Millennium Development Goals: where are we now?

The General Assembly at the United Nations. Photo by Rob Young.


The Millennium Development Goals have generated a great source of criticism since its inception at the turn of the new millennium and with only three years to go before these targets are met, how are they faring? Mohamed Ali, who works with the charity EveryChild, investigates…

The Millennium Declaration was signed by all 189 members of the United Nations in 2000 and included eight targets to be met by the year 2015 to “free our fellow men, women and children from the abject and dehumanizing conditions of extreme poverty, to which more than a billion of them are currently subjected.” These targets, known as the Millennium Development Goals (MDGs), are as follows:

Goal 1: Eradicate extreme poverty and hunger

Goal 2: Achieve universal primary education

Goal 3: Promote gender equality and empower women

Goal 4: Reduce child mortality rates

Goal 5: Improve maternal health

Goal 6: Combat HIV/AIDS, malaria, and other diseases

Goal 7: Ensure environmental sustainability

Goal 8: Develop a global partnership for development

With the deadline now on the horizon – and a palpable sense of failure looming – the truth is that although there has been some progress made, it is uneven across the globe with most targets still a considerably long way away from being reached. This comes at a time when the US has spent an estimated $4 trillion on the post-9/11 wars in Iraq, Afghanistan and Pakistan, according to Brown University’s Costs of War project.

The introduction of the MDGs was encouraging, showing some introspective and noble aspirations from the UN. But  it looks as if it has now dribbled to a slow snail’s pace. The 0.7% target pledged in 1970 –  the donation by developed countries of 0.7% of their Gross National Product (GNP) to international development – has failed, perhaps due to the global financial crisis.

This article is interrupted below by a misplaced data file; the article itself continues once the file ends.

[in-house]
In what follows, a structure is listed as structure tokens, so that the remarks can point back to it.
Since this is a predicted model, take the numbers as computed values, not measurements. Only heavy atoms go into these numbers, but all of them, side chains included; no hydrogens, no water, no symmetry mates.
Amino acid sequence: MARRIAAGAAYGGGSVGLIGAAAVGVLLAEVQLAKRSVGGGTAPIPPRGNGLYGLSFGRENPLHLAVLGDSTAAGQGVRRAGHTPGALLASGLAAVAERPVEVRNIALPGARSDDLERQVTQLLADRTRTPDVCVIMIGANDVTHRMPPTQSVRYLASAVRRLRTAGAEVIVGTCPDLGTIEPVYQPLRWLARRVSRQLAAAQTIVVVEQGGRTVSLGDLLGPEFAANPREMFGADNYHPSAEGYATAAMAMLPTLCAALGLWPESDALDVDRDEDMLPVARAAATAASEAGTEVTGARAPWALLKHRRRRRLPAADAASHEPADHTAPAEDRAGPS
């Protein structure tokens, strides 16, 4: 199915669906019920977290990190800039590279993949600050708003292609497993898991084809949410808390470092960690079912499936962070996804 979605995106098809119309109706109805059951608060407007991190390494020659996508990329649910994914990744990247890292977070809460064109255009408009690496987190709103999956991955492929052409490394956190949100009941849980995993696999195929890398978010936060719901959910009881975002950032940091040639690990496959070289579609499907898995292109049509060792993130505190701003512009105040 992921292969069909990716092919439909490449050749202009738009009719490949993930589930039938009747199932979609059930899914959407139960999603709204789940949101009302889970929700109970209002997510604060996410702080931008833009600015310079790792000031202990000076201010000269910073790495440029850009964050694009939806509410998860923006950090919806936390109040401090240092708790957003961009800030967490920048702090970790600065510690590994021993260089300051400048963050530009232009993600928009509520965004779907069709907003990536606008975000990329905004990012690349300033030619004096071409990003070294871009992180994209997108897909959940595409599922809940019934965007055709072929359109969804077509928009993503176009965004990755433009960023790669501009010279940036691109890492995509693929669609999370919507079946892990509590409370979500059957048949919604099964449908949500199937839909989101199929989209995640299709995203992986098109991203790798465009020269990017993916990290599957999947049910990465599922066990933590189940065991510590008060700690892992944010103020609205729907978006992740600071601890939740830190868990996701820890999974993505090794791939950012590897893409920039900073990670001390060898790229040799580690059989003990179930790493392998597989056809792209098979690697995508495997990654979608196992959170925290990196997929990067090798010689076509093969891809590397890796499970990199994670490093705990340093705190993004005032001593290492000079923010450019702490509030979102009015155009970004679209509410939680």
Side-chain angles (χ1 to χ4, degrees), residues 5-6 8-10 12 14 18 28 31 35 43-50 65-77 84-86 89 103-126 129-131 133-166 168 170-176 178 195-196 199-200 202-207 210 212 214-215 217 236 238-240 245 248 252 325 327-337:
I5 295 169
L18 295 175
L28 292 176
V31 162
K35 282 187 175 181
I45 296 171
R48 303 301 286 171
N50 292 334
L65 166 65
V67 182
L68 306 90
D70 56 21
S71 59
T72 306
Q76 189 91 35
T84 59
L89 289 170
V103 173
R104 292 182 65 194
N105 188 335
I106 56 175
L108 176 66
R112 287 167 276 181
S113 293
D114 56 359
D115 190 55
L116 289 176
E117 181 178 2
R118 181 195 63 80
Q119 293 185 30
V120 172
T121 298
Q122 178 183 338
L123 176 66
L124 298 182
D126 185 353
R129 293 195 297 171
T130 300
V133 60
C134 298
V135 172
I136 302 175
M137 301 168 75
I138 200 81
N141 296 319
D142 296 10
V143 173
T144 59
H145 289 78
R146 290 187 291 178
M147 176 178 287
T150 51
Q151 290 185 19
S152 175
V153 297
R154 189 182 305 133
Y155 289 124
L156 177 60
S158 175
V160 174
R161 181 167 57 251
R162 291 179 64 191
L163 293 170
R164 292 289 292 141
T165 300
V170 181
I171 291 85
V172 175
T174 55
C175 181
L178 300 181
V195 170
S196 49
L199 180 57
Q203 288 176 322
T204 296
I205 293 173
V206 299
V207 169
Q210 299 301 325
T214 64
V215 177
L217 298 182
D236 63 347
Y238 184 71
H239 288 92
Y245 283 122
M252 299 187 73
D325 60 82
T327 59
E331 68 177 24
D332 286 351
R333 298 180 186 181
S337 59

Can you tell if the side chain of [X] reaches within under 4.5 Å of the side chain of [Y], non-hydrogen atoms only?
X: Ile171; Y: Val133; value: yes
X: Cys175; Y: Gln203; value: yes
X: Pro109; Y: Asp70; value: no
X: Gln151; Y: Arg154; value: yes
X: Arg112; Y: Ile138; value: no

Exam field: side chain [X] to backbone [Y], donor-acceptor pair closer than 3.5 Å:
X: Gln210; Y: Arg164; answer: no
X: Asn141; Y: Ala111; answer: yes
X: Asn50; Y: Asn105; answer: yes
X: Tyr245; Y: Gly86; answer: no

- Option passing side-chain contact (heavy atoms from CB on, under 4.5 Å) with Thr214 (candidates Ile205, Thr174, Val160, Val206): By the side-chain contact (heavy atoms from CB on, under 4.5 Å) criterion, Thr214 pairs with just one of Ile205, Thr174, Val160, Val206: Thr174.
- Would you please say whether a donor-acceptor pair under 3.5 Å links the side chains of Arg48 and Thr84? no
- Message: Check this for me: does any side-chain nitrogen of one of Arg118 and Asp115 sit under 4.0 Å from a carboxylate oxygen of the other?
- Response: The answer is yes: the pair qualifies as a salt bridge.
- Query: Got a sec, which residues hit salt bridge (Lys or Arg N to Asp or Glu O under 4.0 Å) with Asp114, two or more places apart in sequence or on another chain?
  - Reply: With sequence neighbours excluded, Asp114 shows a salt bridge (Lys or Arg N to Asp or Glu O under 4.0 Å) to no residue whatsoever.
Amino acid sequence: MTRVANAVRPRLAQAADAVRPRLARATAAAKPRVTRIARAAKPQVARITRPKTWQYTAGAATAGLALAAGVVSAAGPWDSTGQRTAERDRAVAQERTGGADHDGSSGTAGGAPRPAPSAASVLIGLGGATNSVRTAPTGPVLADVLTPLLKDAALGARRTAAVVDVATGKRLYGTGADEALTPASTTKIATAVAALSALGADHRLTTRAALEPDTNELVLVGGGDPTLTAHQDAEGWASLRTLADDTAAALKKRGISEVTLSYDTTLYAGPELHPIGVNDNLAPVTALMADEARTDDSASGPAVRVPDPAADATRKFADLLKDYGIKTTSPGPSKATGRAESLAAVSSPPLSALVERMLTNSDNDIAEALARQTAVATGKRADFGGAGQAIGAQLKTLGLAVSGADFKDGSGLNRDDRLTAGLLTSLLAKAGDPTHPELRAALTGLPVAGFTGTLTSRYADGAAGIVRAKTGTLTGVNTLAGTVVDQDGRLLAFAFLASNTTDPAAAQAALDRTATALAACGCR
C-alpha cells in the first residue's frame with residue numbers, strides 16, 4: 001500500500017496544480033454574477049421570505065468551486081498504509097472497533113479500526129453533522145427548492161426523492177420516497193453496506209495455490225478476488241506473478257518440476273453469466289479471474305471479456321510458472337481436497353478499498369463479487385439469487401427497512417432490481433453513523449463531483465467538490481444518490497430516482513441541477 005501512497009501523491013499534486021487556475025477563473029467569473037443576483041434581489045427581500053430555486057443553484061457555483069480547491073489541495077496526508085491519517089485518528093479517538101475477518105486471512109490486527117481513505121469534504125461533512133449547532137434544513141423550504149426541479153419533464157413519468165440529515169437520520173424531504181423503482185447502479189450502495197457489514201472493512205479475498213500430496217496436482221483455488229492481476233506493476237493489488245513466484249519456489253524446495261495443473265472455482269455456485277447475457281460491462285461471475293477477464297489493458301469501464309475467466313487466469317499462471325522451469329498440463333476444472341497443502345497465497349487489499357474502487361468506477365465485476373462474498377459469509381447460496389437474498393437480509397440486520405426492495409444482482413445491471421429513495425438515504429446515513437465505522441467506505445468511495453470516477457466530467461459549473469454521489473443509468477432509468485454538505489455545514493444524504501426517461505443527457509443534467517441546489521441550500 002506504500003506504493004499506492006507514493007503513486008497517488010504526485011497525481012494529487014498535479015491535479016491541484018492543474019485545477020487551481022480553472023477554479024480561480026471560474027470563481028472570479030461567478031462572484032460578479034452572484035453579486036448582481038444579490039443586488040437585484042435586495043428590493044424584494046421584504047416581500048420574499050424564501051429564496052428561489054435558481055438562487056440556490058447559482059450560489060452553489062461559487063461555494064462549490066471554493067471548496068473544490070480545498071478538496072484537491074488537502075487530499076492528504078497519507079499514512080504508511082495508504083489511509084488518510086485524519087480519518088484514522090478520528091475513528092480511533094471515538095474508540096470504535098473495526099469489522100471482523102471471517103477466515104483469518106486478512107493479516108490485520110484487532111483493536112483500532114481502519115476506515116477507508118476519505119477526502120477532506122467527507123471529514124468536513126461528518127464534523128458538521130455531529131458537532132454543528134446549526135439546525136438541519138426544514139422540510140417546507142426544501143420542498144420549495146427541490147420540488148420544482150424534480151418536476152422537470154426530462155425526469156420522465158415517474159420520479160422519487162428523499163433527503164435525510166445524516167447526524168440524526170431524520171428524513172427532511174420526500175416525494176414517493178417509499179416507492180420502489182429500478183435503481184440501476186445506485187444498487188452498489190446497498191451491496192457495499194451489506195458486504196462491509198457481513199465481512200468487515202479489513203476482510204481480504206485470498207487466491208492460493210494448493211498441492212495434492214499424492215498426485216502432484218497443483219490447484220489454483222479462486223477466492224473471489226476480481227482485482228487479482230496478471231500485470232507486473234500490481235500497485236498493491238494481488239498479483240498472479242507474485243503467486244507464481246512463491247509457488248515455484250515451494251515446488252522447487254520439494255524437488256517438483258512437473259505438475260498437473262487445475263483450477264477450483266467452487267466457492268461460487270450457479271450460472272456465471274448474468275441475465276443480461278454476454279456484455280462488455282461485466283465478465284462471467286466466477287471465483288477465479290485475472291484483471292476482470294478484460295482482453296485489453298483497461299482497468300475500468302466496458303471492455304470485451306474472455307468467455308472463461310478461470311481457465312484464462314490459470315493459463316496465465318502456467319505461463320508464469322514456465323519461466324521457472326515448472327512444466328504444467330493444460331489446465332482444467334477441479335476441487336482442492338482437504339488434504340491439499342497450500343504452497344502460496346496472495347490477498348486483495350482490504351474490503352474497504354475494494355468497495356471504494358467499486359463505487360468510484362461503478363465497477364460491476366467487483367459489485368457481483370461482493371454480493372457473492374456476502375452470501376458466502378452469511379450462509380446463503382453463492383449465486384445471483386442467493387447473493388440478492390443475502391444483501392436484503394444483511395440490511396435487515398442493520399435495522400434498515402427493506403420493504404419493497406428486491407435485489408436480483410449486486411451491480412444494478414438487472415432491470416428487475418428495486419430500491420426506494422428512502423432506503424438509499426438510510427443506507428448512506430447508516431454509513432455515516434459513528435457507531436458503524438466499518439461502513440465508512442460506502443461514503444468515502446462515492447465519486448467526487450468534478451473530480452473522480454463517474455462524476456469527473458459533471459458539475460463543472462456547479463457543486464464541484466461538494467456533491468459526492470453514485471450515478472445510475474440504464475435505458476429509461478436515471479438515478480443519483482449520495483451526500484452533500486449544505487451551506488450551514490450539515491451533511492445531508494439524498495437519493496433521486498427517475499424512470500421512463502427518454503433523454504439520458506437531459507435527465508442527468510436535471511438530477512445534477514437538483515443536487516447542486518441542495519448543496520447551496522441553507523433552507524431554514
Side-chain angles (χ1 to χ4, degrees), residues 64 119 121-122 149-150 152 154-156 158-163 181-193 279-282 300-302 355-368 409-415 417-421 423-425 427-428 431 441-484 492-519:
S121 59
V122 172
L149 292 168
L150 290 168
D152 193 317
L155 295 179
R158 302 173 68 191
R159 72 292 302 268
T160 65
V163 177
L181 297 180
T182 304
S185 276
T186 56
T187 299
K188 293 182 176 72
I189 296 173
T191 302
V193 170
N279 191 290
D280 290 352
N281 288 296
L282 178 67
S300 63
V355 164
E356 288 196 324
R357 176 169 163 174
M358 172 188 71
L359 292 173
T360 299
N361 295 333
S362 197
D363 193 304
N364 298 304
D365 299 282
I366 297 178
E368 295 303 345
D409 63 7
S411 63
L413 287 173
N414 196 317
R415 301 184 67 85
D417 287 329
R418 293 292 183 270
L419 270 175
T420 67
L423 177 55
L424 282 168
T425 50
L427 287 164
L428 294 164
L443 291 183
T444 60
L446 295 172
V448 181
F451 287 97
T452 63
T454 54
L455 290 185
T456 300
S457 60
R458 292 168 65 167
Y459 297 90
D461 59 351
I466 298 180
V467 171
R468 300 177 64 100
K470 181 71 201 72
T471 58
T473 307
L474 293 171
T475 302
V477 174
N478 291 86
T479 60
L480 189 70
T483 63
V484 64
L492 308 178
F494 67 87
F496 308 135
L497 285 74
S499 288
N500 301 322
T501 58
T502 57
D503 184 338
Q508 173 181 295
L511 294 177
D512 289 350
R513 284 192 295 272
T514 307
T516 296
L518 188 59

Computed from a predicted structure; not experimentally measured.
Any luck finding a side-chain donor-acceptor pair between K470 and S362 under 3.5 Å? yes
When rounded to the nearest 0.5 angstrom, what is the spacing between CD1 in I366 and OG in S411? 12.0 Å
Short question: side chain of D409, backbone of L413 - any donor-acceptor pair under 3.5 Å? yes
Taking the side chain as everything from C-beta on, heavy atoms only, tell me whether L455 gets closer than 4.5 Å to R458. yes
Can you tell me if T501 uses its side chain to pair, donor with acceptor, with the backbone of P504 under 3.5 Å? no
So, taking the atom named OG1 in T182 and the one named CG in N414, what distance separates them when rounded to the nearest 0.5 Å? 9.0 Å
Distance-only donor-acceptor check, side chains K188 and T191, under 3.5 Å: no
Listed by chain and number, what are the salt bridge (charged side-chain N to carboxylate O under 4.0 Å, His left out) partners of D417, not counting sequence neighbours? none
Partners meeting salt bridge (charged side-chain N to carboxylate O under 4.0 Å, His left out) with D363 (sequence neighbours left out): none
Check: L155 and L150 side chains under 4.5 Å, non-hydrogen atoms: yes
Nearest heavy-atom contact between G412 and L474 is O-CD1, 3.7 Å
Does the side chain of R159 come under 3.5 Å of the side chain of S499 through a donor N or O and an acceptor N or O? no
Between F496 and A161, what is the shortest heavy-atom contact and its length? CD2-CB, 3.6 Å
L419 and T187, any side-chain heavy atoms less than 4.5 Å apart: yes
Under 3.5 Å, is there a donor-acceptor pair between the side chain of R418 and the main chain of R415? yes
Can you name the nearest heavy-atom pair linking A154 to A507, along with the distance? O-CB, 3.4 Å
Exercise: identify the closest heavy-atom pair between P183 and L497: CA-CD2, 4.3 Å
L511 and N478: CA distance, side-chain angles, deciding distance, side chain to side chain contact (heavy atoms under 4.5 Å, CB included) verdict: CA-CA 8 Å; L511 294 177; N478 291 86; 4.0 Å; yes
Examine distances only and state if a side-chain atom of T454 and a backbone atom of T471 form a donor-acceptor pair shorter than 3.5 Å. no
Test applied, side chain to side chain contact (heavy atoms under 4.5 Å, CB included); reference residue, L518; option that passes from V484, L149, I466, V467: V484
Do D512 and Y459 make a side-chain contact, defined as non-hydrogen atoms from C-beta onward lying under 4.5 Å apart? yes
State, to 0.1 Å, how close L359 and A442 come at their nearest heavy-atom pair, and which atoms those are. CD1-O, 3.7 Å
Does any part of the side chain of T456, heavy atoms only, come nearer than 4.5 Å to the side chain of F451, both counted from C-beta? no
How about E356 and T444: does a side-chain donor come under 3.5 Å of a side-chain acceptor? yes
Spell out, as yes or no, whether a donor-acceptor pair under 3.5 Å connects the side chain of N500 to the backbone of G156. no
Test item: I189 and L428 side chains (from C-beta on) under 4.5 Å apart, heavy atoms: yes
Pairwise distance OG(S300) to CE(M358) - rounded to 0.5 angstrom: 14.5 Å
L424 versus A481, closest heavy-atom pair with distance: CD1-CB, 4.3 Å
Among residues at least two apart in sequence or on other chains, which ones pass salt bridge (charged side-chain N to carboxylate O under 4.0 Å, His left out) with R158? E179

By the time 2015 comes it will be a total of 45 years since the 0.7% promise from collective governments was made; although countries outside the world’s 8 largest economies – such as Norway and Sweden – regularly reach and contribute more than the required target there is still a long way to go for the rest of the world.

The growing world population hasn’t helped and the number of victims of starvation has been on the rise since 2000 – with almost 1 billion in 2008. These people are not in need of charity, they are in need of their fundamental human rights  to be fulfilled: the right to adequate food.

Although many targets are struggling to be met one is on course to be smashed through due to the booming economy in East Asia, particularly in China and India. “The world’s poorest region three decades ago has seen the poverty rate from almost 80% to 18%” said Dr. Noeleen Heyzer, Executive Secretary of the UN Economic and Social Division for Asia Pacific.

These indicators lend confidence to a brighter future but there is still a long way to go in terms of reaching the Millennium Development Goals and ending world hunger.

The views expressed in this article are those of the author and do not necessarily represent the views of Development in Action.


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